This page is for all of you PC geeks out there that are doing things like overclocking your|
celeron 300a processors.
Update: I now have a celeron 667 overclocked to 1GHz on the Aopen AX6BC...
Green text indicates new procedure changes or comments related to the 667.
Update: I now have a P3 1GHz overclocked to 1170MHz on the Aopen AX6BC...
Purple text indicates new procedure changes or comments related to the P3 1GHz.
Depending on the motherboard and when / where the 300a processor was made,
you may have to increase your cpu voltage to at least 2.2 volts. On some motherboards
(like the Abit BH6) you can increase the voltage in the BIOS. But what if you bought the
Aopen AX6BC? (Both are very good from what I have seen on the web.)
First of all, the default cpu voltage for the celeron 300a is 2.0 volts (1.65 for 667) (1.75 for 1GHz).
When the frequency is stepped up to 450/1000/1170 MHz then you may get problems booting
windows. Boosting the voltage allows the processor to have a cleaner signal (at least that is what I
heard). If you tape pins A119 A121 & B119 then you can fool the motherboard to provide 2.2 volts.
This all sounds good but what happends if one of the taped pins makes contact?
The following shows what happends when the tape (or nail polish) wears:
A119 contact then voltage goes to 2.6
B119 contact then voltage goes to 3.0
A119 and B119 contact then voltage goes to 3.4
Most people do not suggest going over 2.4 volts because you could fry the chip. Even some
think 2.4 is too high. So what do you do since over-clockable 300As are getting harder to find?
Forget about taping! If you are good with a soldering iron you can make your own adjustable voltage.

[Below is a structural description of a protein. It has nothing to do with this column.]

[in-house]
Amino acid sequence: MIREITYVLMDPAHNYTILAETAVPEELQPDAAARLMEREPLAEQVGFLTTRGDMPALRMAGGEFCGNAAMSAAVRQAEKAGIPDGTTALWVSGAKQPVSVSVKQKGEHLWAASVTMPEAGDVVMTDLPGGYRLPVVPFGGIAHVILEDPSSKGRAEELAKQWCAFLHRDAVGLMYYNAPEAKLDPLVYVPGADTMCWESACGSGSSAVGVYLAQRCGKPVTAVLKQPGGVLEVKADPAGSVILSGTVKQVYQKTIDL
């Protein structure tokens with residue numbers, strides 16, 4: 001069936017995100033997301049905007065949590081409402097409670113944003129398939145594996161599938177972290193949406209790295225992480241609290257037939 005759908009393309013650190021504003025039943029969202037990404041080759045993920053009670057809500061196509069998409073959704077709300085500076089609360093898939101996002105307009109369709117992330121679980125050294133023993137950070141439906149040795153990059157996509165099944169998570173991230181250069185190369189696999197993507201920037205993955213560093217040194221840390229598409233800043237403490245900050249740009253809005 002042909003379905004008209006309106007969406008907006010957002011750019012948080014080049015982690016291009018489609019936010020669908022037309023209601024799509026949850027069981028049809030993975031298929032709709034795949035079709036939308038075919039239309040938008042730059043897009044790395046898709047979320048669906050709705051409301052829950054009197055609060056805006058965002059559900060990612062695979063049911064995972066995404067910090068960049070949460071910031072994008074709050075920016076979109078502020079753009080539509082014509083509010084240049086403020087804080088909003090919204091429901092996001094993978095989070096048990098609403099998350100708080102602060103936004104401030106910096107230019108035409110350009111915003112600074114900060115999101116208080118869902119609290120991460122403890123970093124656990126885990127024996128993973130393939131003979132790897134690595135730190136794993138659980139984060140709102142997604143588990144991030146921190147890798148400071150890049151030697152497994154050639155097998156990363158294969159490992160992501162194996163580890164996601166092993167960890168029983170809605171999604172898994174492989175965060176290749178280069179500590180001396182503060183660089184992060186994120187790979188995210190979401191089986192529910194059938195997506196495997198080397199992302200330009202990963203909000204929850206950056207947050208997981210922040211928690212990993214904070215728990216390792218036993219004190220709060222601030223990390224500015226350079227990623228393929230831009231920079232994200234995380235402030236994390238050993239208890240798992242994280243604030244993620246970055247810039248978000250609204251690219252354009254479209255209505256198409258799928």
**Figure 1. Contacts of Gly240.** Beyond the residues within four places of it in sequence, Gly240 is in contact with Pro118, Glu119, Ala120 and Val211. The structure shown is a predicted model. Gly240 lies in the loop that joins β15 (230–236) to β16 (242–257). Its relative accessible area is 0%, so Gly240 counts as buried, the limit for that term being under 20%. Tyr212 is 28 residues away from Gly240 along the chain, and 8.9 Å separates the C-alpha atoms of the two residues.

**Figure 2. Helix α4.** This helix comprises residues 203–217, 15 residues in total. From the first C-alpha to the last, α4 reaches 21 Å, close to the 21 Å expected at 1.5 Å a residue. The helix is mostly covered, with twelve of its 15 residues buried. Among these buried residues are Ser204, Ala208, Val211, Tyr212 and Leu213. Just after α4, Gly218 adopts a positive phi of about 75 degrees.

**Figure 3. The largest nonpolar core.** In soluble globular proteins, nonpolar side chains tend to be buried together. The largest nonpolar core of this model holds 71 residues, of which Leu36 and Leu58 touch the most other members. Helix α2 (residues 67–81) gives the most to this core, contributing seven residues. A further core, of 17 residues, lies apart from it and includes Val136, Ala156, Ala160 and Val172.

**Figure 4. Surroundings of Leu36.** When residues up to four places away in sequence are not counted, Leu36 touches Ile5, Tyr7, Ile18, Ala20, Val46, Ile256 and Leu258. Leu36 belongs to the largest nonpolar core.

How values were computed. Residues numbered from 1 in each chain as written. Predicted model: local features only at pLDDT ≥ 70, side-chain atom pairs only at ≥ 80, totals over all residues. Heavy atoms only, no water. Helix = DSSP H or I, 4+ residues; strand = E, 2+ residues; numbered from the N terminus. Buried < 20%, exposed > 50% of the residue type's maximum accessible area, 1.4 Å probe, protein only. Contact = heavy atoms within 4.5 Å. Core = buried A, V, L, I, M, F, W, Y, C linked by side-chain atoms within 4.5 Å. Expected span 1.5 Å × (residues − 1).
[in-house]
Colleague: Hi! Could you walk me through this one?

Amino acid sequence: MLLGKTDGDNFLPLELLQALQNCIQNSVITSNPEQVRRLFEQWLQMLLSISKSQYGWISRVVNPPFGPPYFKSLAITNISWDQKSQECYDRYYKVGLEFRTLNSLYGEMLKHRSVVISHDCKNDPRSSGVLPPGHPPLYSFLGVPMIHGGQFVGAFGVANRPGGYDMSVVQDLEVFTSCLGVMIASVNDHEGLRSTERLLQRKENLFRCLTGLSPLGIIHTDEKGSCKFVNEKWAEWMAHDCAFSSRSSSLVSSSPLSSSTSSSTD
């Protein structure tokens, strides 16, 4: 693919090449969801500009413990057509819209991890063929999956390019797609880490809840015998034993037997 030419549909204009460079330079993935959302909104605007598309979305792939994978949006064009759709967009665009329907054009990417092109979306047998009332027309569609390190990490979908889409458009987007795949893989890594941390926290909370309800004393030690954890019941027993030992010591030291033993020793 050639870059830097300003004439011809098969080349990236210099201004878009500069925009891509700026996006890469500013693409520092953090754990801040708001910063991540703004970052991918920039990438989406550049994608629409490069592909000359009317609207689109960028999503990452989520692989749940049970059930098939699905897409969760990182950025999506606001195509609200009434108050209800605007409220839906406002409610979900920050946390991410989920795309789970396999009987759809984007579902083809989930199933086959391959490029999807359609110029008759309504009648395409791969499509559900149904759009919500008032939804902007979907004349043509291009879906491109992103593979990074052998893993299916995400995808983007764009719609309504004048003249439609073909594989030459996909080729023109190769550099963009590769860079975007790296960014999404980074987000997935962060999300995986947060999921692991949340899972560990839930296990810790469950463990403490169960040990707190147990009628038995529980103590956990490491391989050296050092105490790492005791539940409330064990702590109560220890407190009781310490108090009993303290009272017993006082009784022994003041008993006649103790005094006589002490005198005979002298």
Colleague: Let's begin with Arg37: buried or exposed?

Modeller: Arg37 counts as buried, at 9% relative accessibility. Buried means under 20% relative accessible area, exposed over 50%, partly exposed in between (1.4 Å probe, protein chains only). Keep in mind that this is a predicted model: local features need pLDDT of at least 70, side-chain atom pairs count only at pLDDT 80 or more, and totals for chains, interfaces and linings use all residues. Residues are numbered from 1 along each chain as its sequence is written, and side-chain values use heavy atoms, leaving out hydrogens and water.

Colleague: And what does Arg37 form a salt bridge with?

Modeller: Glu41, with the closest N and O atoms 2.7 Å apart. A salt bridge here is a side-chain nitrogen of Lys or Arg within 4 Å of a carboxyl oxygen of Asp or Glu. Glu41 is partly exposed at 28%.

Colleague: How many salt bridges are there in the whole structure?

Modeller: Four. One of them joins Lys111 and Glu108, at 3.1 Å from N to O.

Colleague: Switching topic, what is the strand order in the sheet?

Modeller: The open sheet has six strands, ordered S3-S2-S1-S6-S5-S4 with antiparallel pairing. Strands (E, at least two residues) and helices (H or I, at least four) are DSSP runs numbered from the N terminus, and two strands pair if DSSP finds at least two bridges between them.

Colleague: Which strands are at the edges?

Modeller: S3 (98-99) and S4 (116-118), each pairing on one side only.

The following procedure was performed on an Aopen AX6BC but the idea is the same for all vcore
First of all...the disclaimer:
This procedure will void any motherboards warranty and you are doing the following at your own risk.
ID# 1 2 4 (8 not required for 300a) Usually 1 = red wire (8 required for celeron 667) 2 = yellow wire (8 required for Pentium 1GHz) 4 = blue wire B120 A120 A119 B119 8 = grey wire | | | | | | | | | | __|_____|_____|_____|_____|_____|_____|_____|_____|_____|__ | | | | | | | | | Aopen AX6BC voltage regulator chip | | | | | | | | | |___________________________________________________________| | | | | | | | | | | | | | | | | | | | | A121 (A121 wired to internal switch to ground for celeron 667) (A121 wired to internal switch to ground for Pentium 1GHz)
You're done (overclocked!!!).
The SCSI ids for the new celerons (vcore 1.65 volts or less) are a little more confusing
because voltages below 2.1 are stepped down by .05 volts. I know that you can buy a
slotket (FC-PGA to slot1 converter) now but I had previously cut the etches for the
voltages for the earlier 300a modification...Besides...You can still do this procedure
to the slotket without cutting etches (replace the voltage jumpers with SCSI id select
wires) and mount the SCSI id switch to the outside of the chassis.
The same applies to the Pentium Coppermine processors (vcore 1.75 or less).
This takes some time and patience but it is a nice efficient and easy way to change voltages.
By the way...If you did not buy your motherboard yet...there is a new version of the AX6BC
called the AX6BC Pro. This board has voltage stepping (in two .1 increments) in the BIOS.
With 1 AGP, 4 PCI, 1 ISA, 1 PCI/ISA there is alot of room for expansion.
This is what I have in my PC:
* * Normally powered off and used for software backup purposes.
The backup is performed using the linux command "dd" but that process is for another day.
Please feel free to email me if you have any comments about the vcore procedure or if you
want a SCSI id chart to select voltages from 1.3 to 3.5 volts.
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